One of the issues in the historical Kesvananda Bharti case was, whether the amendment to the constitution is done by the people directly? The contention of the State was that since people are sovereign and the Parliament is elected by the people, it has unrestricted powers to amend the Constitution to any extent. The constitution bench of the Supreme Court, comprising of 13 Judges, rejected Government’s contention by a 7:6 majority. It was observed by the Court that indeed people are politically sovereign, but once they created the Constitution, the legal sovereignty got vested in the Constitution, and now, even the people of India have to act under the ambit of the Constitution. Moreover, Mr. Jaitley in his statement has emphasized the word elected, but it fails to appeal my reason because the will of the elected is not necessarily the will of the electors.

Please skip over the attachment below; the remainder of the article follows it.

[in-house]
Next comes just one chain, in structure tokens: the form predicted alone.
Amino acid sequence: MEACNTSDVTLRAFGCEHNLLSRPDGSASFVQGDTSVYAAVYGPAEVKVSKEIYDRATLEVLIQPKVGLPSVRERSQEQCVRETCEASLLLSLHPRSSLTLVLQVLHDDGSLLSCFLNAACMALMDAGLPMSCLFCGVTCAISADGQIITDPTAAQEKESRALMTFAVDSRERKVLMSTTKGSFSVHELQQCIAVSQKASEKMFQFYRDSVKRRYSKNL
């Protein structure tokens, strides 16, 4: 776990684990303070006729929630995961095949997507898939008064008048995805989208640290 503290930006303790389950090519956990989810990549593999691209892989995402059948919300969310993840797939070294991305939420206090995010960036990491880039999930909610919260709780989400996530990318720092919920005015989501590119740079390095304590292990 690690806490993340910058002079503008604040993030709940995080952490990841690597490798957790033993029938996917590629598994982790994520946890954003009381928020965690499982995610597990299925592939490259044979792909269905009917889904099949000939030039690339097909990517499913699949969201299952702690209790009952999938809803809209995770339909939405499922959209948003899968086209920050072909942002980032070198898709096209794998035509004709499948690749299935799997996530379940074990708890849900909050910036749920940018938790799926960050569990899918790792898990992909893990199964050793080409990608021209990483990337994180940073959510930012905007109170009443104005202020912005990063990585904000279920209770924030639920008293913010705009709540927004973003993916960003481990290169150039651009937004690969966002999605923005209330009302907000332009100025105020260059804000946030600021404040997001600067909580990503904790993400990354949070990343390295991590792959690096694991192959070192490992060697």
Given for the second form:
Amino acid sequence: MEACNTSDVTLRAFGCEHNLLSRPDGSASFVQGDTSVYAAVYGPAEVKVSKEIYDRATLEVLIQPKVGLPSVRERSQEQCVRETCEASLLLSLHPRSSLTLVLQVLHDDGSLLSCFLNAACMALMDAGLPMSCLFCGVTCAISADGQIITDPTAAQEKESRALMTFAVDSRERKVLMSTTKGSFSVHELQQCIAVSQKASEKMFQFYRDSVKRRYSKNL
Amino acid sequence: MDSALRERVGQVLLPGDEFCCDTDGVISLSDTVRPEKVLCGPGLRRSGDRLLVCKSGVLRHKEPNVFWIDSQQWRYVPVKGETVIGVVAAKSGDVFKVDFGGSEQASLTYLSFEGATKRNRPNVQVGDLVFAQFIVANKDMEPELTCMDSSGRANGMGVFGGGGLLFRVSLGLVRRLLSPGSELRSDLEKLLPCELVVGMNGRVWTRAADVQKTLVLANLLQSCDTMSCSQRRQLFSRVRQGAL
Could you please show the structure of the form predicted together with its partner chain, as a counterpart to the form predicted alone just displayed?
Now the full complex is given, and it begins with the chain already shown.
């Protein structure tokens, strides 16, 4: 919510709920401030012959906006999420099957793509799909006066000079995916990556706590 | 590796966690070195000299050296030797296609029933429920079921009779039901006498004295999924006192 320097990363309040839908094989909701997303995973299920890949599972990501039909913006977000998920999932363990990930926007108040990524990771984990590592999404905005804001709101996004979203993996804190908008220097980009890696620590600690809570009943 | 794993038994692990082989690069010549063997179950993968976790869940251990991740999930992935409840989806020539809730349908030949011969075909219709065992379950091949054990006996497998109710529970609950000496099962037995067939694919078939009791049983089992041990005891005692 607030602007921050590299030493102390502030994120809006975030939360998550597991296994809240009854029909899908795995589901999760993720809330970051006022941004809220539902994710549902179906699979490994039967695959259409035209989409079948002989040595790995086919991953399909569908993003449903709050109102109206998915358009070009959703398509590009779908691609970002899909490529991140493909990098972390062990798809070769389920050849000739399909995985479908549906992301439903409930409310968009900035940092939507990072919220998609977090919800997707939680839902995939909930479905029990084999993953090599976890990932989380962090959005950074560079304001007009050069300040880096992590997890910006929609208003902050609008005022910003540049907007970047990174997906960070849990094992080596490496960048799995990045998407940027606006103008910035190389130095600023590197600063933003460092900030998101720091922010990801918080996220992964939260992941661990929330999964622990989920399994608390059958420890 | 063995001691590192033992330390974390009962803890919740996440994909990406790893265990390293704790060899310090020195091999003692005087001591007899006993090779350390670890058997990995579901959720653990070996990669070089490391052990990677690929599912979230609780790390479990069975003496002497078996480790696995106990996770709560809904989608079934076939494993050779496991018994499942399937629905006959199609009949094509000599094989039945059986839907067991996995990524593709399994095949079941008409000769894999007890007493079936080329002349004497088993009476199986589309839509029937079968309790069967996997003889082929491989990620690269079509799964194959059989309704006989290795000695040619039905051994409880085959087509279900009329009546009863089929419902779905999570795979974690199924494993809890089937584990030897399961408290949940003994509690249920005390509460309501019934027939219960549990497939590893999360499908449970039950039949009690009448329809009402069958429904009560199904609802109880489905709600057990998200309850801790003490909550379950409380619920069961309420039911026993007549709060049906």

According to the Census of India’s website, any person aged 7 or above, who can read and write in any language, is a literate.  With such rigid definition, there were 272,950,015 illiterate persons in the year 2011. As for the educated class also, it cannot be denied that to interpret and to understand any legislation in its essence, a combination of specific skills, acumen, qualification and mental training is indispensable. With such state of things, the question arises is: Did the electors read and understood the Bill sufficiently to give their assent to it? Parliament is an elected body, and once elected, it becomes a legal entity under the Constitution, and when it amends the Constitution under Article 368, it cannot be said that the people are directly amending the Constitution.  Therefore, even though the Bill was passed by both the houses with an overwhelming majority, it would be improper to suggest that will of the legislatures is the will of the people, and that the Supreme Court acted tyrannically against the will of the nation.